So, bees have stingers. They are pheromone driven and one sting always leads to many more as the pheromones radiate through the hive. With proper equipment, a beekeeper can minimize the disturbance to the hive which is good for both man and bees! I wear a full length suit most times that I get in the hive. If you react badly to bee stings, it would be important to wear the suit at all times when working the bees (though it is no guarantee…see below).
A beekeeper’s suit is typically white (dark colors, wool and some leathers make bees defensive…read: sting). There are several types of veils to protect the beekeeper’s face but in general, they provide a see-through barrier around the entire head of the beekeeper. An interesting note…sometimes bees get inside the suit (sometimes I don’t zip up tight I guess). When they are inside the veil, it is rarely a problem. The bees see “outside” and aim to get there. They rarely sting in those cases. Now, down inside the suit is a completely different story. Anyhow, the arms and legs of the suit are elasticized to keep bees from getting into the suit. Sometimes I wear boots to cover my ankles and sometimes I don’t. A hot hive (i.e. overly defensive hive…needs to be re-queened) finds exposed ankles very quickly…trust me! Typically, though, it’s not an issue for me. Finally, I often wear long gloves with deerskin “hands” and canvas uppers to cover my forearms. You might think all of this equipment would guarantee that a properly attired beekeeper would be sting-free. I am here to tell you that I have been stung more than once through the leather gloves (though they certainly help).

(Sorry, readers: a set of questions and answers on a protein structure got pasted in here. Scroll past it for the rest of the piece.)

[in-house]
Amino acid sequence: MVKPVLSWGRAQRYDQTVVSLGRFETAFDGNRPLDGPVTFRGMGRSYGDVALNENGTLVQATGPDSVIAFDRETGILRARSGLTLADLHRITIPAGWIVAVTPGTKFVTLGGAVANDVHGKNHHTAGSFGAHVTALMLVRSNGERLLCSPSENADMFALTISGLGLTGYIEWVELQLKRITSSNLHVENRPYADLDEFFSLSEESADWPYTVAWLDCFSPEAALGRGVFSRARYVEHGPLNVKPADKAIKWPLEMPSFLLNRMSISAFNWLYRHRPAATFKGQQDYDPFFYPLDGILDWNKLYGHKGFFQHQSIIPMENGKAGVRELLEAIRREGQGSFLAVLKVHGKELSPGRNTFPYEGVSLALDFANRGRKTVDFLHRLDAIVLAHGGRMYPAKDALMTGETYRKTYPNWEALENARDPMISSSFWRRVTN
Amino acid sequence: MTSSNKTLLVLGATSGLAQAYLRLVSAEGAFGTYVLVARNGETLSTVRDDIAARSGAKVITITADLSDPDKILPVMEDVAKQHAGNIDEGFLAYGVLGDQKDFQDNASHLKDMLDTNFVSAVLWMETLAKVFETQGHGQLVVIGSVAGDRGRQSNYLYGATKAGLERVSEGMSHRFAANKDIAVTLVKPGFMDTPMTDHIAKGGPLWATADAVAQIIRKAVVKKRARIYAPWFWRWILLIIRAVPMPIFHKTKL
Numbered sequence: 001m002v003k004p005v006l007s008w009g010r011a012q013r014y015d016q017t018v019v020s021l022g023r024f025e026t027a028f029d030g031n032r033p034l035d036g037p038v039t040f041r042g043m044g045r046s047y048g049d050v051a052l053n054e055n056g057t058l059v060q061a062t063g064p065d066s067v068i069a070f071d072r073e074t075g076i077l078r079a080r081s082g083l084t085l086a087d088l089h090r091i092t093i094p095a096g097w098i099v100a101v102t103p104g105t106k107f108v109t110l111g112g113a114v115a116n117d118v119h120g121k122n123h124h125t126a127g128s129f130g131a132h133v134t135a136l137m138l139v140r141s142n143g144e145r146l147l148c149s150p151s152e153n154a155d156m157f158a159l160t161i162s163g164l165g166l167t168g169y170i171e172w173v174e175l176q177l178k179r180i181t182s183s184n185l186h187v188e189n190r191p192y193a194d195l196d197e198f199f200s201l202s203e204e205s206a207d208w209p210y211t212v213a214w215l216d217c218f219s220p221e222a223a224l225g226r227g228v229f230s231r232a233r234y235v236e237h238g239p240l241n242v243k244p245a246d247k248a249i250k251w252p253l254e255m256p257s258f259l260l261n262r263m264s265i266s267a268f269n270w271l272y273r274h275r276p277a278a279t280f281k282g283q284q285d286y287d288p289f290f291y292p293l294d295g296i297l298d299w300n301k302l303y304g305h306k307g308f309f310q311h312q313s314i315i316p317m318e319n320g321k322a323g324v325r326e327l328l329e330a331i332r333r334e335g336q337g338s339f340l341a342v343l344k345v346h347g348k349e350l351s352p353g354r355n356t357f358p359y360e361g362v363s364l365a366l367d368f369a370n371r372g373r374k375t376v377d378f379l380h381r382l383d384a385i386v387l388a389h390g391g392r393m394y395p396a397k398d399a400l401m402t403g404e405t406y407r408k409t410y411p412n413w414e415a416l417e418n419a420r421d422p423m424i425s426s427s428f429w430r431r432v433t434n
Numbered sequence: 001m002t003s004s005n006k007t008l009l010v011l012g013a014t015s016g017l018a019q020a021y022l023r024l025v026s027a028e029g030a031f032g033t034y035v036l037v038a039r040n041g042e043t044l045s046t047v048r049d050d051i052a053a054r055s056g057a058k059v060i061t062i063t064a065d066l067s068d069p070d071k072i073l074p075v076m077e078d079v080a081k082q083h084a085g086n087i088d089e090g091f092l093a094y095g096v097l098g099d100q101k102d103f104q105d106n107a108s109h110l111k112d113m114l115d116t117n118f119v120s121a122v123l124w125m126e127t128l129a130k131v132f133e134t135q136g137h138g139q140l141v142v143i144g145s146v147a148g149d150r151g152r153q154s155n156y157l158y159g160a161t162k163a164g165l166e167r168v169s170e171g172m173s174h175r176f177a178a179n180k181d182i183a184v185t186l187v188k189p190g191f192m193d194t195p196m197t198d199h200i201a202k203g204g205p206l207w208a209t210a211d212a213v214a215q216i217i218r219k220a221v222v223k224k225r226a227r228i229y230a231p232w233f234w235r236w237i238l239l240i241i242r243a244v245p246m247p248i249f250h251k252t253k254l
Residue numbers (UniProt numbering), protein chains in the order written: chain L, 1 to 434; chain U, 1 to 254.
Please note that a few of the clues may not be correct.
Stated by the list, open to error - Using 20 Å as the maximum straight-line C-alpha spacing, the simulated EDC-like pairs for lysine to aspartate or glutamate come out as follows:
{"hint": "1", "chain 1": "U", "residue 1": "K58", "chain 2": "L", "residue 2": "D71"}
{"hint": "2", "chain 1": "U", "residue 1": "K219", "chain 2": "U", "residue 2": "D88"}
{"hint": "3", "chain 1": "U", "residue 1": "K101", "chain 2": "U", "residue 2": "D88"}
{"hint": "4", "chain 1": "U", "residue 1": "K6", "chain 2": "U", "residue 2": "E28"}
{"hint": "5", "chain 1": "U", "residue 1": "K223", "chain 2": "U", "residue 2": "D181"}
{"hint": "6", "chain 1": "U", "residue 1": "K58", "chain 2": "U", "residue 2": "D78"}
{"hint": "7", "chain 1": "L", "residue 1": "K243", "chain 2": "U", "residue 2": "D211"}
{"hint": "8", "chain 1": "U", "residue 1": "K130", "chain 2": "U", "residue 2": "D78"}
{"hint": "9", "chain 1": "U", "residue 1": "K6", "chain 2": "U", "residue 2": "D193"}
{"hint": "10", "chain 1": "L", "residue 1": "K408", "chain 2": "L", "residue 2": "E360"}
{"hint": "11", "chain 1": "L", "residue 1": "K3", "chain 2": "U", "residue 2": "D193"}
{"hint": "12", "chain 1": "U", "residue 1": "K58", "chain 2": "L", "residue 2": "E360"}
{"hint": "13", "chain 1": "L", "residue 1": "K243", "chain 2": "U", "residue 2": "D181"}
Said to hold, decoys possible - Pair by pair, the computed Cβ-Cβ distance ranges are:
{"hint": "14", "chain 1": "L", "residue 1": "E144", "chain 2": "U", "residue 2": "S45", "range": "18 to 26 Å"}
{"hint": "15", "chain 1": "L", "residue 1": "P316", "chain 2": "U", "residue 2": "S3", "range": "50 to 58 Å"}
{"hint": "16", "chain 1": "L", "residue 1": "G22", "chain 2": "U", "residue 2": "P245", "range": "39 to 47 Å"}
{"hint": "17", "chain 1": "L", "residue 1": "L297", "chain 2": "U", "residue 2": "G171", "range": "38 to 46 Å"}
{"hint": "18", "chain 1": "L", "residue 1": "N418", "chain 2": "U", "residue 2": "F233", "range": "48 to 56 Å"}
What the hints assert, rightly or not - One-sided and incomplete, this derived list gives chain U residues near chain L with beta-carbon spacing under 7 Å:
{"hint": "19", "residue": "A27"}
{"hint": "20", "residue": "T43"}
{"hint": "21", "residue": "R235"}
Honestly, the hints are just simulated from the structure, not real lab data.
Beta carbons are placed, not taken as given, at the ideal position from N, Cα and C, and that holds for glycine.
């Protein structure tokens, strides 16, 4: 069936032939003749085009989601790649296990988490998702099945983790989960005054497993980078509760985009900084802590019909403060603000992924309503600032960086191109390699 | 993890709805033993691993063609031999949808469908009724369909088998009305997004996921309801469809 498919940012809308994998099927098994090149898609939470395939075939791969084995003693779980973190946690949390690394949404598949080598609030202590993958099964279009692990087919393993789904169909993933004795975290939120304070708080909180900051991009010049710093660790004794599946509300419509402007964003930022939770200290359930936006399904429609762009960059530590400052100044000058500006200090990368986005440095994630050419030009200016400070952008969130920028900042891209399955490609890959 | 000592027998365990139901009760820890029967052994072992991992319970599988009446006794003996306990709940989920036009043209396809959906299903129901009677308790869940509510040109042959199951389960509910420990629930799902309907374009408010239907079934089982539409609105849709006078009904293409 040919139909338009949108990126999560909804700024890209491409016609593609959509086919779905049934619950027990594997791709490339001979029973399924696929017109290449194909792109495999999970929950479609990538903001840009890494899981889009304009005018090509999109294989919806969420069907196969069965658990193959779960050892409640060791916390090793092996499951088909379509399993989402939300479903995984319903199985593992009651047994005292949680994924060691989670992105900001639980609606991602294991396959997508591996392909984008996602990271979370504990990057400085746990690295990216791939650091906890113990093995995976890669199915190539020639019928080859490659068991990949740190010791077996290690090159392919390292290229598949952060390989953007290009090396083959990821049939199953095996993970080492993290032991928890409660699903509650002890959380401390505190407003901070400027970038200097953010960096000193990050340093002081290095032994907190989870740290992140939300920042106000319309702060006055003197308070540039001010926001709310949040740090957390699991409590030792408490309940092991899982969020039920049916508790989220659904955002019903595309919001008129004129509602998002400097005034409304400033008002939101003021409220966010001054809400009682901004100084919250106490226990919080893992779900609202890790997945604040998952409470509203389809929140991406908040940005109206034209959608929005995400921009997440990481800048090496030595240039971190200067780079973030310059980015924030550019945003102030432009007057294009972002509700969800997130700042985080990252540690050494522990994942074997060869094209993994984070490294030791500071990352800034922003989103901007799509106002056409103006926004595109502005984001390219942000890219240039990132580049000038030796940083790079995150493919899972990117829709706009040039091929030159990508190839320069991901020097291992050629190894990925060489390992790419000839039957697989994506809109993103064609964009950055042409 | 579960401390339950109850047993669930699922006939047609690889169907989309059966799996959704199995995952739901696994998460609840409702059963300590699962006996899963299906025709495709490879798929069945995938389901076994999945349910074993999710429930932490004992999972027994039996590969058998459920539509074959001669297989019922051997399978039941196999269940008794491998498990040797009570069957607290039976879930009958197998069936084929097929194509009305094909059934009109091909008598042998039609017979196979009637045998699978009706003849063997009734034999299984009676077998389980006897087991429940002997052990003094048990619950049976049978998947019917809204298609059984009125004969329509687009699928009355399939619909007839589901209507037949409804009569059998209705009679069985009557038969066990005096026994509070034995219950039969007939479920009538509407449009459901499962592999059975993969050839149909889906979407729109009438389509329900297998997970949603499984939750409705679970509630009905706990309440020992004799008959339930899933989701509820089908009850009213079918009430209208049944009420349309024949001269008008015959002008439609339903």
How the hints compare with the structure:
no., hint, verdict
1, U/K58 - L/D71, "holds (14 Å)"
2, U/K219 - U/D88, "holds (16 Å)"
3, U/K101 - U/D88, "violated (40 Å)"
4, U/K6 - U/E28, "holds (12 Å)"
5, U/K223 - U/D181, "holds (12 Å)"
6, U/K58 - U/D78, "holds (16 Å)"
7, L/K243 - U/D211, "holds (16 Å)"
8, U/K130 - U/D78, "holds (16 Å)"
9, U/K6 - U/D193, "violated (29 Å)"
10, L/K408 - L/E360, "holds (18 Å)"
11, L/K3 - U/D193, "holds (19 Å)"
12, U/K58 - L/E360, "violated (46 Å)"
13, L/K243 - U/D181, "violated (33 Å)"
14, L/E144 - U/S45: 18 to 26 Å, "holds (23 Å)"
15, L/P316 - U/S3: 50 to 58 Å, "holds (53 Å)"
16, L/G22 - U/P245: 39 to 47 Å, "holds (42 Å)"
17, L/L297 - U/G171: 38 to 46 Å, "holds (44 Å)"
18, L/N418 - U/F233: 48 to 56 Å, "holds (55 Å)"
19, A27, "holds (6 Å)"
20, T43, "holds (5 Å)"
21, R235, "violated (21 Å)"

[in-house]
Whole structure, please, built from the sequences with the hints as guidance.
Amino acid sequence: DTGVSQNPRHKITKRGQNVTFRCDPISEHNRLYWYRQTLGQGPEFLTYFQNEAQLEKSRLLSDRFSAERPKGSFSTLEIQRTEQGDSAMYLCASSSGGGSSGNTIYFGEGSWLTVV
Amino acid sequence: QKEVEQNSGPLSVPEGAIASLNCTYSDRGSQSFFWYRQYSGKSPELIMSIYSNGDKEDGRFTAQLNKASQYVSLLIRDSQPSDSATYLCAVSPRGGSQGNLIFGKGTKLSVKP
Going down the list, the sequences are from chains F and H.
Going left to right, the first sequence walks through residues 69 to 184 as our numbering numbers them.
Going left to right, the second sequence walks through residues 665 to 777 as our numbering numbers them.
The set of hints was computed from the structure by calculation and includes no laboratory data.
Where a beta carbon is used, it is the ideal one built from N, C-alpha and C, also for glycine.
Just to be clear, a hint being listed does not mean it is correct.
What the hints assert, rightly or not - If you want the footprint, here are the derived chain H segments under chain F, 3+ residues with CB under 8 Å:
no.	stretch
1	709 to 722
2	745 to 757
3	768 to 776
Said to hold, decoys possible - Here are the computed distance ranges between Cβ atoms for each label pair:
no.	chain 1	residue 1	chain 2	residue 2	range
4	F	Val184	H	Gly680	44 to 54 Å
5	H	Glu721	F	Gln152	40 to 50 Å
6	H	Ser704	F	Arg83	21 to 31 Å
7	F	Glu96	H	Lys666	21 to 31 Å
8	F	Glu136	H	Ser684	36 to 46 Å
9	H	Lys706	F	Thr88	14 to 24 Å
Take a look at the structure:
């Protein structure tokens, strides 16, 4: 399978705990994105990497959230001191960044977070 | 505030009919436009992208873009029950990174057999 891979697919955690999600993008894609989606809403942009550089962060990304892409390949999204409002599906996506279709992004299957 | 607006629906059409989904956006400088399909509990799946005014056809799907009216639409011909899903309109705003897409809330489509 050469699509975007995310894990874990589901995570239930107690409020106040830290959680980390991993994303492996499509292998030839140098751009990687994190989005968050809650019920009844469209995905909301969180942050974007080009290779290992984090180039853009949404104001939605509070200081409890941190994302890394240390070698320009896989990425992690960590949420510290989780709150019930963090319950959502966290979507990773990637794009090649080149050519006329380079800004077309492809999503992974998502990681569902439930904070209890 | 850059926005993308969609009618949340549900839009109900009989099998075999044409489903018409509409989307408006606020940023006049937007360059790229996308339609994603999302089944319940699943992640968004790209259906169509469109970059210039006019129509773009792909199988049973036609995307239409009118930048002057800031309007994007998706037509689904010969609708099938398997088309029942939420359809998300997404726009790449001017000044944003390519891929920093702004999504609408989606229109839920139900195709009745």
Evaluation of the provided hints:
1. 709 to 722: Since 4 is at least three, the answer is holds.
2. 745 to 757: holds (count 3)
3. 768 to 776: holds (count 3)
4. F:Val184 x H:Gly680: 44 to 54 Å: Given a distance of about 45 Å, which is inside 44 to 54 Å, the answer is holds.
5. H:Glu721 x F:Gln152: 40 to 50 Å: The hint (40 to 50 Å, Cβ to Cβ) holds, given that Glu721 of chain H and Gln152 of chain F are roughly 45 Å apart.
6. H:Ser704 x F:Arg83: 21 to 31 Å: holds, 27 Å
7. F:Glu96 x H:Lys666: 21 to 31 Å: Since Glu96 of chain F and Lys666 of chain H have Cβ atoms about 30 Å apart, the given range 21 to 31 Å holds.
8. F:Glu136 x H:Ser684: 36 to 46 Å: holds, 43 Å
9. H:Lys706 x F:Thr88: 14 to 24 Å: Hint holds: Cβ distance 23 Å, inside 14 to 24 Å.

In addition to a good suit, I also carry two hive tools. Each tool has its advantages and disadvantages so I just carry both and use them as needed. The red tool has a sharp edge that is good to pry hive parts apart. Propolis, the gummy substance that bees make to seal cracks, is everywhere in a hive and must be pried apart smoothly (i.e. no jerky, sudden movements, jarring, etc). The sharp edge of the red tool is perfect for that work. The silver tool, you’ll notice has a curved hook on one end. It also has a blade similar to the red tool, but it’s not sharp enough for some reason…anyhow, the hooked tool is ideal for lifting individual frames from the hive. The are “glued” to the hive as well and cannot be easily removed without prying. By latching the hook under the edge of the frames, they can be pried up easily for inspection. By using these tools, I can minimize jarring blows and sudden movements which put bees on alert. I tend to go through hive tools like I change underwear though…I need a new one about every month. It’s easy to set them down or otherwise misplace them when your mind is on the frame full of bees in your hands. Save yourself the trouble and order a couple of each tool while you are at it.
Most people think of billows of smoke when they think of beekeeping. Smokers are used to blow cool smoke into the hive to allegedly calm the bees. When I started beekeeping, I used smoke like any beekeeper. But, in time, I noticed that the bees would flee from the smoke but I never felt like they were calmed. Instead, they gorge on honey (less for me), I end up smelling smokey, and they are ticked when the smoke disappears. I find that if I am patient and methodical and light in my touch, I do not excite the bees and they do not sting excessively. This is a somewhat religious topic among some beekeepers. I’ll just say smnoke has no place in my beeyard.
Ok, so we have covered a bunch of stuff this week. If you have an interest in beekeeping, now is the time to be getting ready for the honey flow. If you have bees, they should be ramping up (or soon will be). If you are getting bees, the time is near! Honey season in WV is roughly tax day (April 15) until Independence day (July 4). That’s when the golden magic happens!